Menu Search
View Cart

There are no items in your cart.

How to Support Bladder Health

November is National Bladder Health Month. Discover all you need to know about supporting the health of your bladder.

How to Support Bladder Health Pin on Pinterest

A topic that isn’t very commonly discussed is bladder health, and it obviously impacts all of us. The National Institute on Aging (1) states that every day, adults pass about 1.5 quarts of urine through the bladder and out of the body.

As we get older our bladder changes, but bladder issues or medical problems can occur at any point in our life. Some we can control and others we can’t, but what we can do is implement preventative measures and healthy habits to keep our bladder happy.

What is good for bladder health?

Different lifestyle modifications and behavior therapies can help to overcome the discomfort of bladder problems. Mayo Clinic (2) states that certain medications, excess weight, and physical inactivity are contributing factors to bladder issues.

They recommend:

  • Managing medications – Have a chat with your doctor about drugs that may be contributing to bladder control problems.
  • Maintain a healthy weight – Excess weight can put pressure on your abdomen and your bladder; therefore, weight loss can help to reduce that strain.
  • Stop smoking – Smoking comes along with many negative side effects and can also cause more severe symptoms when it comes to bladder issues. Smokers also tend to have a chronic cough which can aggravate an overactive bladder.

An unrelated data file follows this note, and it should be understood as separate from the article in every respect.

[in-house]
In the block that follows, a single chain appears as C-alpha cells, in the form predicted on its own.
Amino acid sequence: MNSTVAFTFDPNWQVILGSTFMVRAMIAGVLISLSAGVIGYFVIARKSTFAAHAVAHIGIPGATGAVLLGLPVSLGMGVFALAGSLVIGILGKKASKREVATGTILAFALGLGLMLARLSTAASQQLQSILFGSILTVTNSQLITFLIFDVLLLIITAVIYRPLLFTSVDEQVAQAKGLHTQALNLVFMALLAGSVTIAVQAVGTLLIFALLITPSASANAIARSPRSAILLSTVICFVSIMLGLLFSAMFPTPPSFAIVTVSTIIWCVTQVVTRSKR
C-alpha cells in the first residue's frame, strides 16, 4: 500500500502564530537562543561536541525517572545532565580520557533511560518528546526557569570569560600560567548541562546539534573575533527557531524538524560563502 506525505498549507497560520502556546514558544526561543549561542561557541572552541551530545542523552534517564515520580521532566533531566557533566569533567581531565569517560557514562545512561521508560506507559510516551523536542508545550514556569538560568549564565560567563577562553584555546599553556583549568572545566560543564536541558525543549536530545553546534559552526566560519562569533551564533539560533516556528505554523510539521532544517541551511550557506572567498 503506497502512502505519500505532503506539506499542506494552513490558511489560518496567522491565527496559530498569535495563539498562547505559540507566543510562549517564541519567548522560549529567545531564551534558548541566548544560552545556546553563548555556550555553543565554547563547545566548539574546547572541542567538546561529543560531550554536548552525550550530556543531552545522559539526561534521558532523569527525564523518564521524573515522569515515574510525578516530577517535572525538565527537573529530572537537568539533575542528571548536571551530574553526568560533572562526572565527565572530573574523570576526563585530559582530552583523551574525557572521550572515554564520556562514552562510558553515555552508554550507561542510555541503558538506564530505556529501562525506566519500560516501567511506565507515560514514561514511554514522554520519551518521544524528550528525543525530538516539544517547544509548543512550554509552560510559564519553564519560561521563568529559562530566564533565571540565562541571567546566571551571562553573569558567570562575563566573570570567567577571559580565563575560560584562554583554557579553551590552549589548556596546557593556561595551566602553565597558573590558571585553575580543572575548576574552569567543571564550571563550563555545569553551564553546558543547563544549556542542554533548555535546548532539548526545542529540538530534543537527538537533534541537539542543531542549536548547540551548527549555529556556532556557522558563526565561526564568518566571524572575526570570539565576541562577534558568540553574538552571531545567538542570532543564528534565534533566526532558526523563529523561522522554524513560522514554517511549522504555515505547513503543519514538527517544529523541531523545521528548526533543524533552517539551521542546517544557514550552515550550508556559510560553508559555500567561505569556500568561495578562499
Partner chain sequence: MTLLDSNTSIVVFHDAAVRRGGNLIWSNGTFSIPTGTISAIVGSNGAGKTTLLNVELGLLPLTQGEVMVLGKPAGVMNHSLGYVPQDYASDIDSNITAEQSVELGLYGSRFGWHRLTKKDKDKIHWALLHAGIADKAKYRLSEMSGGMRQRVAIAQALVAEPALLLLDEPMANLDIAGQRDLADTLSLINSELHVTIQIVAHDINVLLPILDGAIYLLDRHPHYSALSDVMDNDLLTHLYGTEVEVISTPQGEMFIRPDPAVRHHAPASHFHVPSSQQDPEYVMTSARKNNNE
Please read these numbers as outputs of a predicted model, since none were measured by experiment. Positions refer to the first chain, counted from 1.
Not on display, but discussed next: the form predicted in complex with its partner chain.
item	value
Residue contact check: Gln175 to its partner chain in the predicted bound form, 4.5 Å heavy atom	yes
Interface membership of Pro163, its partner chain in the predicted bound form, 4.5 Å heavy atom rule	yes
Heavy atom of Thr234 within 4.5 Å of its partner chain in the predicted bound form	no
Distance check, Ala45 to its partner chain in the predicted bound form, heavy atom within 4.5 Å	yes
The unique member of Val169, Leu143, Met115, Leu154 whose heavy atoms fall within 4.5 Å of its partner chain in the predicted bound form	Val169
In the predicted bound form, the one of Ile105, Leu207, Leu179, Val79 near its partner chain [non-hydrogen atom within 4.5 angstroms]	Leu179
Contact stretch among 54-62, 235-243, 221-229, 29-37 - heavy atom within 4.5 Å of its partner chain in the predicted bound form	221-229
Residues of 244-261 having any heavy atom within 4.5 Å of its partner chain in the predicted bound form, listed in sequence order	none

• Incorporate physical activity – Even low activity such as walking, biking, or swimming 30 minutes most days of the week can improve bladder control.
  • Prevent constipation – If you’re straining during bowel movements frequently, you can actually damage your pelvic floor which can lead to bladder control issues.

If you’re dealing with bladder infections, staying hydrated is important. A 2018 study (3) found that women who added 1.5 liters of water daily in addition to their regular intake of fluids were less likely to get a UTI (urinary tract infection).

It’s important to note that if you’re in physical pain (from a urinary tract infection or other kind of bladder infection) – see a doctor right away.

What foods soothe the bladder?

Along with other lifestyle modifications, eating or drinking certain foods and beverages can make a difference with your bladder habits. Cleveland Clinic (4) describes how our bladder collects the remaining waste that comes from what we eat and drink, and many of those choices can irritate our bladder. These irritants can make bladder conditions worse.

Some common foods include:

  • Alcoholic beverages
  • Carbonated drinks
  • Spicy foods
  • Acidic fruits (oranges, grapefruits, lemons, limes, and fruit juices)
  • Coffee and tea (even without caffeine)
  • Tomato-based products
  • Chocolate

Cleveland Clinic continues to add that some people may show more irritation to said foods compared to others, which is why process of elimination is the best way to identify what is affecting you personally.